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NSA collected thousands of US communications

WASHINGTON — The National Security Agency declassified three secret court opinions Wednesday showing how it scooped up as many as 56,000 e-mails and other communications by Americans not connected to terrorism annually over three years, revealed the error to the court, and then fixed the problem.

Director of National Intelligence James Clapper authorized the release.

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The opinions show that when the NSA reported its inadvertent gathering of American-based Internet traffic to the Foreign Intelligence Surveillance Court in 2011, the court ordered the agency to find ways to limit what it collects and how long it keeps it.

Three senior US intelligence officials said Wednesday that officials realized the extent of its inadvertent collection of Americans’ data in September 2011. One of the officials said the problem became apparent during internal discussions between NSA and Justice Department officials about the program’s technical operation.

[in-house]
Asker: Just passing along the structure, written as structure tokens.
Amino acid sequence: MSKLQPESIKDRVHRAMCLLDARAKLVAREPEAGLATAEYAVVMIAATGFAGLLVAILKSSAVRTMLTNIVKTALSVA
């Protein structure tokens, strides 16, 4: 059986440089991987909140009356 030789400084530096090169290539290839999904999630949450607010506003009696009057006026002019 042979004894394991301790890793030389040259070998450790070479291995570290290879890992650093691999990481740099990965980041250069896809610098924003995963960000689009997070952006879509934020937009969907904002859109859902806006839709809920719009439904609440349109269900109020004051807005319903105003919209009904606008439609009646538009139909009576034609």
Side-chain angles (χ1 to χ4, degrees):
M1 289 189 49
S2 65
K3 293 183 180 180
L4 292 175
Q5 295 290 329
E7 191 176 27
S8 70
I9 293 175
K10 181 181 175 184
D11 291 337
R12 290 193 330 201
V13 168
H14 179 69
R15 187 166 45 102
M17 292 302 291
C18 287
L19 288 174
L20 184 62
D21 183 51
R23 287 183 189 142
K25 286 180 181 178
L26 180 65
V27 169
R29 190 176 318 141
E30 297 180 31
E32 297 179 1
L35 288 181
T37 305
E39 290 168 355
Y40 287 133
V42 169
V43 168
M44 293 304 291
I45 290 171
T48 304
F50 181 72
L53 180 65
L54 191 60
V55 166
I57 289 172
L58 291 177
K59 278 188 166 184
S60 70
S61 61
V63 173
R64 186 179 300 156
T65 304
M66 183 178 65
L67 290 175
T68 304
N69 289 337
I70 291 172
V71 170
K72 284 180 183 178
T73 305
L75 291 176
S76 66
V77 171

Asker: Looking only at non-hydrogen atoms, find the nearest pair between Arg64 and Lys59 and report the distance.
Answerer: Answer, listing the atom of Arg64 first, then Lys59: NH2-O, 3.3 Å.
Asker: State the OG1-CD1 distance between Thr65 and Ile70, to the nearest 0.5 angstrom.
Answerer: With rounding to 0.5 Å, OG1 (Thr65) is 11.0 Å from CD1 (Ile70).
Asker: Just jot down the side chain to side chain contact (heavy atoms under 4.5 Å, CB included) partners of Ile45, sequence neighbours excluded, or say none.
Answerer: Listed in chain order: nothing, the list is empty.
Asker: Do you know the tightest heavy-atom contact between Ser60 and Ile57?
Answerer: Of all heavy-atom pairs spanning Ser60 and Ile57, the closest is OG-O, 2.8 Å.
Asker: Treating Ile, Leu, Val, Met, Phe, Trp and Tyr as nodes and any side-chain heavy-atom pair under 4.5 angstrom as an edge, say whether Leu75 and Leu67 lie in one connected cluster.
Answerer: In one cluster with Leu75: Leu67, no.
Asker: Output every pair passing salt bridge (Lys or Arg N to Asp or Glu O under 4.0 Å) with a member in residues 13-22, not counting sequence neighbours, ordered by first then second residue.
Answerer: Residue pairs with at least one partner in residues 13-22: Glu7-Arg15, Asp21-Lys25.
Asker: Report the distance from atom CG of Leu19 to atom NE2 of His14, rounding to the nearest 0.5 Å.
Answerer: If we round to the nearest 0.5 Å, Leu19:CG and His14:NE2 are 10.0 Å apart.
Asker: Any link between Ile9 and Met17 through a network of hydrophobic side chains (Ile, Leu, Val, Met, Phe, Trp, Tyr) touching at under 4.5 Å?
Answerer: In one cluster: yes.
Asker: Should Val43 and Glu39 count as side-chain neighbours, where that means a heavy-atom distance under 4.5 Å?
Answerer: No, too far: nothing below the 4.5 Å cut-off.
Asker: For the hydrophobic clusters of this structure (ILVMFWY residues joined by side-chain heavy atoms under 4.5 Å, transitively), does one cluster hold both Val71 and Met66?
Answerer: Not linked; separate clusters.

‘‘They were having a discussion, and a light bulb went on,’’ the official said.

The problem, according to the officials, was that the top secret Internet-sweeping operation, which was targeting metadata contained in the e-mails of foreign users, was also amassing thousands of e-mails that were bundled up with the targeted materials. Because many web mail services use such bundled transmissions, the official said, it was impossible to collect the targeted materials without also sweeping up data from innocent domestic users.

Officials said that when they realized they had an American communication, it was destroyed. But it was not clear how they determined whom an e-mail belonged to or whether any NSA analyst had read the content of the e-mail. The officials said the bulk of the information was never accessed.

As soon as the extent of the problem became clear, the officials said, the Obama administration provided classified briefings to both Senate and House intelligence committees within days. At the same time, officials also informed the secret Foreign Intelligence Surveillance Court, which later issued the three 2011 rulings released Wednesday as part of the government’s latest disclosure of documents.

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